On a side note, it's depressing to see so many of my other friends playing the game on Xbox 360 night after night. We'll never be able to fight back hordes of enemy combatants together, separated for an eternity by a digital sea frothing and churning with incompatibility. I thought we were all supposed to play together one day (i.e. now), regardless of platform preference, in what would resemble the videogame version of a hive mind. I'm aware that mouse and keyboard controls are more accurate, but I'd think a slight bit of auto-aim on the consoles would assist with that perceived discrepancy. Whatever — that's just, like, my opinion, man.


After getting past the crippling effects of jet lag, I've been turning to gaming to grant me sweet release from my degenerate graduate student lifestyle (or, perhaps, to encourage it? I'm not 100 percent sure). Strangely, most of what I've been thinking about this week isn't playing games on Xbox 360, but how to manage memory on my 360.

Please keep in mind that, unlike my comrade in arms Nick, I haven't taken the opportunity to upgrade my 360's hard drive capacity whatsoever. The problem with this lies with one game: Rock Band. Since so much of a bog-standard 20 gig hard drive is taken up by system files and management — only roughly 13 gigs is free for your saves and content — having an export of Rock Band 1's song files and a decent collection of download packs quickly starts chomping into your hard drive's available space. And since mandatory content packs, game demos, and Xbox Live Arcade games are getting bigger and bigger all the time...this causes problems.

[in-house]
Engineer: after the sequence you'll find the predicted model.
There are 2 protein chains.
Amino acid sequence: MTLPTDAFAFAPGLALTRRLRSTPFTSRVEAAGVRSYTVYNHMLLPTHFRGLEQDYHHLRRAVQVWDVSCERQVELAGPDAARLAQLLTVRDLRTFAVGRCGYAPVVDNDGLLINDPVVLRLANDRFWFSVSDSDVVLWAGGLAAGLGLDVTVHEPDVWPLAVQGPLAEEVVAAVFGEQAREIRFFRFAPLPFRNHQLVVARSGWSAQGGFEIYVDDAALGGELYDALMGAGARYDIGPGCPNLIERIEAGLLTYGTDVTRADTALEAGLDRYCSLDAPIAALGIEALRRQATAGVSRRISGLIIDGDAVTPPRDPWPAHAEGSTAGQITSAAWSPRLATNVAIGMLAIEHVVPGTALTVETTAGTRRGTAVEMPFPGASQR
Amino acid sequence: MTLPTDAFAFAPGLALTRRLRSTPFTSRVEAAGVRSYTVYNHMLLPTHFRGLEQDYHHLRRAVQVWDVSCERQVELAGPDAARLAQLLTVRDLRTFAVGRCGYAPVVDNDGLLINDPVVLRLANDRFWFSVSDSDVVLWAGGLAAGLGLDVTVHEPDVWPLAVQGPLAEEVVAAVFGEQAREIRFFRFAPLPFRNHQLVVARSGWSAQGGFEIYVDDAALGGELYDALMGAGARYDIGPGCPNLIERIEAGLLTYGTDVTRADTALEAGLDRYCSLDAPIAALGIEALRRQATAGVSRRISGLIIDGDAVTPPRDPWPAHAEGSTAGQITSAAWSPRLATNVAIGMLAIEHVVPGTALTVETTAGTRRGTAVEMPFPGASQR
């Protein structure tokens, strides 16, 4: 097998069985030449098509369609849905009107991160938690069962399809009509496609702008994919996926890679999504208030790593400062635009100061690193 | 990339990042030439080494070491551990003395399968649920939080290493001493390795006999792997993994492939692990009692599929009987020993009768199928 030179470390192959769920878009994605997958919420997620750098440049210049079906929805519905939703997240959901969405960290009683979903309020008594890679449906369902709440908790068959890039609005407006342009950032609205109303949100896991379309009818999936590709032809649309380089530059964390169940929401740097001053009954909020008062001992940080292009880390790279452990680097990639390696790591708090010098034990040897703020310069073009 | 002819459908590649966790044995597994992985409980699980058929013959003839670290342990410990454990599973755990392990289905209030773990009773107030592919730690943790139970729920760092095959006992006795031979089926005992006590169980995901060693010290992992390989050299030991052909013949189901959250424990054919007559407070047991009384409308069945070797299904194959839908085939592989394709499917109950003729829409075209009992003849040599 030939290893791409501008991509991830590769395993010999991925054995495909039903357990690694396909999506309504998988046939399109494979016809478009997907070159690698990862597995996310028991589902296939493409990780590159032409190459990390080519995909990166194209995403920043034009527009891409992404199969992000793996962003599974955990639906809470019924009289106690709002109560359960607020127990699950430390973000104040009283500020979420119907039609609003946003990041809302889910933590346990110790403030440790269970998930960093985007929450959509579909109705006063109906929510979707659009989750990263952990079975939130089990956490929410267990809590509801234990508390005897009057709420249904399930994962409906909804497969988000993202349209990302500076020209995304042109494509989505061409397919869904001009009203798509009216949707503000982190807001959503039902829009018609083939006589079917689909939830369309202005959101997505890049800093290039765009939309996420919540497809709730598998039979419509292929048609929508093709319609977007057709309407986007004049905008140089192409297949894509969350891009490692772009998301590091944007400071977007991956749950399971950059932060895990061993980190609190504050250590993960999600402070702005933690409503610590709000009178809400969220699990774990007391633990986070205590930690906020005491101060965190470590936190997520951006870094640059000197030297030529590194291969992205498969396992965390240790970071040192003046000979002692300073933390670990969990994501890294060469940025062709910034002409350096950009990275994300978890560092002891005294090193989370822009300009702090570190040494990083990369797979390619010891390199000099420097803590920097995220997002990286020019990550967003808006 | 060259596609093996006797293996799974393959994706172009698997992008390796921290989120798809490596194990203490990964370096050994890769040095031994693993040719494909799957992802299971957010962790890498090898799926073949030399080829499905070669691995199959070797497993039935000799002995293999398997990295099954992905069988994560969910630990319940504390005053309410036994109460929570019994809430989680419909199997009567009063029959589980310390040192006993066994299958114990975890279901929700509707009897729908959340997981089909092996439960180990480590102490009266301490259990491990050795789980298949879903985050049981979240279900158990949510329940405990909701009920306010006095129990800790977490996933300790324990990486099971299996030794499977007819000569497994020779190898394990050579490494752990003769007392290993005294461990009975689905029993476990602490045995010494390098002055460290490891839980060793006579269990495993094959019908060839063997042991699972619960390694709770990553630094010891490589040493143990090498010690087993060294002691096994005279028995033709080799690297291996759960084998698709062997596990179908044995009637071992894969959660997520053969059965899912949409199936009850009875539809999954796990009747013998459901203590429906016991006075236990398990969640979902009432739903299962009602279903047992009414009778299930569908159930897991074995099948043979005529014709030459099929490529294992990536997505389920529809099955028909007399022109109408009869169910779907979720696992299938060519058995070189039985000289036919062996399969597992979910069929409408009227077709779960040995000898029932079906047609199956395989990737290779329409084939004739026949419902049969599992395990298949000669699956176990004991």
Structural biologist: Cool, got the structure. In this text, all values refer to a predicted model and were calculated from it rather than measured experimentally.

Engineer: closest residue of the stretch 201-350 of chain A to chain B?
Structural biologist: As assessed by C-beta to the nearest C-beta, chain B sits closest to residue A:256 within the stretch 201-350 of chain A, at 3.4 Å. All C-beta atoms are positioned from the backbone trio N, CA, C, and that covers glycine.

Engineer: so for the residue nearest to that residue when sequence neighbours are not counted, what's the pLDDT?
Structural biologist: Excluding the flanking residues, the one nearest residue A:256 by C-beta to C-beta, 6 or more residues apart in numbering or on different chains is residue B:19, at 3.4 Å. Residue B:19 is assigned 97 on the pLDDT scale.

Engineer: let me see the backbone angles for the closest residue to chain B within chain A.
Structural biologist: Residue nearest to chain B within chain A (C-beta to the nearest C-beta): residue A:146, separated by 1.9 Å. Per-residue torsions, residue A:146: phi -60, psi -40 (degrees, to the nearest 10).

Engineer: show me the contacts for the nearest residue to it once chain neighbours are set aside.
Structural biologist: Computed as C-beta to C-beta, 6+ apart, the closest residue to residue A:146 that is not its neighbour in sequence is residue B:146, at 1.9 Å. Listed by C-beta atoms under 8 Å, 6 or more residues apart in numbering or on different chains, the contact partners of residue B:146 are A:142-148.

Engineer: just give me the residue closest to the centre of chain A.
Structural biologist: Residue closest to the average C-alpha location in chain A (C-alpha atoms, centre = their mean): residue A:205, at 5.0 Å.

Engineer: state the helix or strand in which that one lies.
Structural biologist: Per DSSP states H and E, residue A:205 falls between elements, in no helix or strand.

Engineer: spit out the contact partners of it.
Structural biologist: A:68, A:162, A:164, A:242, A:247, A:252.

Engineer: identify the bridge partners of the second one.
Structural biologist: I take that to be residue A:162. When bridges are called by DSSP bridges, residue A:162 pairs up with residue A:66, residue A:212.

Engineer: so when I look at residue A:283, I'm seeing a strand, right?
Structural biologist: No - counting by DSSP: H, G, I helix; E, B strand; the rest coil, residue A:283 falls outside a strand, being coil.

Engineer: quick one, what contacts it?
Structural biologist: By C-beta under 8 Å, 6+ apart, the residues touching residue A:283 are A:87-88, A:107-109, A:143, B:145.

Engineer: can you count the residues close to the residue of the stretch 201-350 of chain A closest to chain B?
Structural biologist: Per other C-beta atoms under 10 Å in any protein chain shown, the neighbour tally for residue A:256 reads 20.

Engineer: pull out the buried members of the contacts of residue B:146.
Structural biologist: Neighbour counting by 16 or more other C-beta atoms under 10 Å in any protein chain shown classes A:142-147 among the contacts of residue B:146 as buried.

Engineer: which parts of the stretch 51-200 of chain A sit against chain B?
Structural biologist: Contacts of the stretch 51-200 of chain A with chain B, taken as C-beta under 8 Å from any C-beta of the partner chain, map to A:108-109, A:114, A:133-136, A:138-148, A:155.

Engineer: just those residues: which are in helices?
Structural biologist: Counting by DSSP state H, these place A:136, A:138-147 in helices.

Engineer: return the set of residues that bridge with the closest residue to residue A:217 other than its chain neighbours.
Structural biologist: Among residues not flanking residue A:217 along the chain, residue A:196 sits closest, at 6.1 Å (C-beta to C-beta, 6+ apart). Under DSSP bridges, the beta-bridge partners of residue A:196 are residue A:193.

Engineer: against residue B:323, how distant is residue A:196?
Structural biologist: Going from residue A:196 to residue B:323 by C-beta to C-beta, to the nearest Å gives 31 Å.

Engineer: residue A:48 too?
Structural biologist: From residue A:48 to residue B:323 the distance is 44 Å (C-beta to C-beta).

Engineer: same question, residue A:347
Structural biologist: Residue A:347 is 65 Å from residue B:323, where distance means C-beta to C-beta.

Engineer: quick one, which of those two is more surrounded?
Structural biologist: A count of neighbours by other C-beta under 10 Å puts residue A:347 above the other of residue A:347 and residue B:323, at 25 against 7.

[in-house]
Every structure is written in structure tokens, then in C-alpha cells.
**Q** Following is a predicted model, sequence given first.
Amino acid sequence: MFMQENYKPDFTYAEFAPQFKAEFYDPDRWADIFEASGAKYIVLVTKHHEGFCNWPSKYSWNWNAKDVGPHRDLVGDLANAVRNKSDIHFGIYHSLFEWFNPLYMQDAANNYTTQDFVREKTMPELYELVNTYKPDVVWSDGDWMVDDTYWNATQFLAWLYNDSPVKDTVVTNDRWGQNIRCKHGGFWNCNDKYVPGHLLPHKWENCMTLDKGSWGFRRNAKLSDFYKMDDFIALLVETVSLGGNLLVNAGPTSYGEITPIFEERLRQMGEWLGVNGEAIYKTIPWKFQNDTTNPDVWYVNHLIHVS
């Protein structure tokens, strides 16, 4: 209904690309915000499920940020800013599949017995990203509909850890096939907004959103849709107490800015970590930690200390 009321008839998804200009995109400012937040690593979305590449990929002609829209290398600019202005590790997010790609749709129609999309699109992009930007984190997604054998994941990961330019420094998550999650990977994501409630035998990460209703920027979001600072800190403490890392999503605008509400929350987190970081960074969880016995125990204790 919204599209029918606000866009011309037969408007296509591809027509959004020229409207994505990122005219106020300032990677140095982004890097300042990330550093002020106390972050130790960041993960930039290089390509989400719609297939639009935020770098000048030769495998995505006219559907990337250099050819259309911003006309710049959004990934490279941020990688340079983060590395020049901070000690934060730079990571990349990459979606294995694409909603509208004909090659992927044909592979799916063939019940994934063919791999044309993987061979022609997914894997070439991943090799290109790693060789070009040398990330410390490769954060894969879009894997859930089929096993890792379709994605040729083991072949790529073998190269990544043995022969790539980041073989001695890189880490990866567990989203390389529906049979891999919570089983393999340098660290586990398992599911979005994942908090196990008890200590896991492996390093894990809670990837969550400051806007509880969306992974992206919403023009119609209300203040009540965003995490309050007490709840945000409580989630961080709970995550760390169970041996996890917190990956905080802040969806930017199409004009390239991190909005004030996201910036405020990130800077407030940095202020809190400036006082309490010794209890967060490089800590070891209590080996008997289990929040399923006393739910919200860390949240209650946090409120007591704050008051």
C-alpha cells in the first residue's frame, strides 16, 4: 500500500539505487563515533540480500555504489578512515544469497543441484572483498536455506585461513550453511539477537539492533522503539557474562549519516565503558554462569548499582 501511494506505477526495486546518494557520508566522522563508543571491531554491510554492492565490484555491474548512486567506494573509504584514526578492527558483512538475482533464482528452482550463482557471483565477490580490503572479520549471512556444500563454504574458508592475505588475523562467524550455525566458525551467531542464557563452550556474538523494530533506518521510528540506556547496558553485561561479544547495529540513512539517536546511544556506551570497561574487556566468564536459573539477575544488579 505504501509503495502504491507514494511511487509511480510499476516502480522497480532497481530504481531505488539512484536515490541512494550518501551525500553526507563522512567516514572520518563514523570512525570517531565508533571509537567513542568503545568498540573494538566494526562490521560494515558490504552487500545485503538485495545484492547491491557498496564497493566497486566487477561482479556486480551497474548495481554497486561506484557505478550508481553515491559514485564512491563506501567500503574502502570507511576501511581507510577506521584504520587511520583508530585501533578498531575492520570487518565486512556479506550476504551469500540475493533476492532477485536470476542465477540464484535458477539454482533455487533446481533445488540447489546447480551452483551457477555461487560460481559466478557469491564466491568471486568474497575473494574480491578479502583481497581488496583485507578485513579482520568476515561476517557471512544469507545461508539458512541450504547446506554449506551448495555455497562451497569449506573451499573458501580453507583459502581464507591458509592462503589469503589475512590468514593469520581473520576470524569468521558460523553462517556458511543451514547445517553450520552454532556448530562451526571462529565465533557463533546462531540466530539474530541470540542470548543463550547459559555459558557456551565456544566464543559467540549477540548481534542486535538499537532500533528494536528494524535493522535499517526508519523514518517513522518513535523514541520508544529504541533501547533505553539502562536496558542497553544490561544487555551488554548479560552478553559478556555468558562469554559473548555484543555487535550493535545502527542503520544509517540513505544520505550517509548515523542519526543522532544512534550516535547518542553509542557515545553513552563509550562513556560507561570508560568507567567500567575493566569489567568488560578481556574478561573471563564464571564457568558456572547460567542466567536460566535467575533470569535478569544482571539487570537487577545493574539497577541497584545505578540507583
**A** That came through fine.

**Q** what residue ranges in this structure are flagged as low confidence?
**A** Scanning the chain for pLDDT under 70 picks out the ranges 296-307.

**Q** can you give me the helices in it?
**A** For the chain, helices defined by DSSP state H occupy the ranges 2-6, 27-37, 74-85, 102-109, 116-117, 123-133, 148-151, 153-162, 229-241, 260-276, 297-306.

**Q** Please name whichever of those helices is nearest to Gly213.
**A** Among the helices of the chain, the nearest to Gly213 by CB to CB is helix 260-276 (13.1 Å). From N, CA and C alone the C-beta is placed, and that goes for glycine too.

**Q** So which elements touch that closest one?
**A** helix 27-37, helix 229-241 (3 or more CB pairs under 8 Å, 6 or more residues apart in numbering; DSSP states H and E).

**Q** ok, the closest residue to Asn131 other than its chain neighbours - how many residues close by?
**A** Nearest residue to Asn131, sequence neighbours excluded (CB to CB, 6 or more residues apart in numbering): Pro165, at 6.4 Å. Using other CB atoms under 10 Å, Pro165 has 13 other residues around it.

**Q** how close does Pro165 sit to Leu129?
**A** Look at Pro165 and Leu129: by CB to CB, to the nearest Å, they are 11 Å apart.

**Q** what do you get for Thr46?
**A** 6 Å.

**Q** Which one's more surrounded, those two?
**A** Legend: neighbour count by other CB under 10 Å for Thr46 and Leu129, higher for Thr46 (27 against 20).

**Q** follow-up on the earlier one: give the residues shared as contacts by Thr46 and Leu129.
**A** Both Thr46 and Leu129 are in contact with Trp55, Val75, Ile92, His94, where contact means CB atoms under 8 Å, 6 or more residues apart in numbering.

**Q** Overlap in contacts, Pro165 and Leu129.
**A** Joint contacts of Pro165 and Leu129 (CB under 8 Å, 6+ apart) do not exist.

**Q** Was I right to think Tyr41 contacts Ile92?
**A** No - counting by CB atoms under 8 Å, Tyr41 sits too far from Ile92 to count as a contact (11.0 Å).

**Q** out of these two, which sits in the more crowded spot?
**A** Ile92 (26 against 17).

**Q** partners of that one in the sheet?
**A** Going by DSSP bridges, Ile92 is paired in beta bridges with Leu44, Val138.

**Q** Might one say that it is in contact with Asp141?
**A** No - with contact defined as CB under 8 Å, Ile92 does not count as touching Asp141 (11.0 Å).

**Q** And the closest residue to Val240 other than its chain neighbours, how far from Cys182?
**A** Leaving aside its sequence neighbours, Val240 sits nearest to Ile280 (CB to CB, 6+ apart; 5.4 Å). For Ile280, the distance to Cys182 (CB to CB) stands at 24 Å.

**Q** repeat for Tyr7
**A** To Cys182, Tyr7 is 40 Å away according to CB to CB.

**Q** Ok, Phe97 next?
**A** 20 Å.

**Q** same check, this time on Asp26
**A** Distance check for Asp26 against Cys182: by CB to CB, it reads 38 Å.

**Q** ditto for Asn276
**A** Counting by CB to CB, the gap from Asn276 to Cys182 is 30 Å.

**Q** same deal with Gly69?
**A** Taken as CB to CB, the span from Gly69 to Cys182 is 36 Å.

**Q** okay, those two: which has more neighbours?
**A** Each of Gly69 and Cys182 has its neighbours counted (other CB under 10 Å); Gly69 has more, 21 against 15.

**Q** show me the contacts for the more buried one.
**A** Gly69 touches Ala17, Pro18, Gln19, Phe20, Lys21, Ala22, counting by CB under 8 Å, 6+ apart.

For the past few months I've had roughly 500 mb of available space on my hard drive. I didn't want to delete anything else; I'd been avoiding going through my Rock Band collection and thinning some tracks out for the time being because there are so many files to go through. Regardless, when I heard about the USB drive memory capabilities coming this week, I was giddy — I don't know if anybody else has dealt with it before, but even if the USB drive capability was limited to moving gamertags around, it would be amazing. Neither overpaying for a memory card or recovering your gamertag via Xbox Live is a particularly quick and easy process, so being able to use a damn thumb drive is spectacular.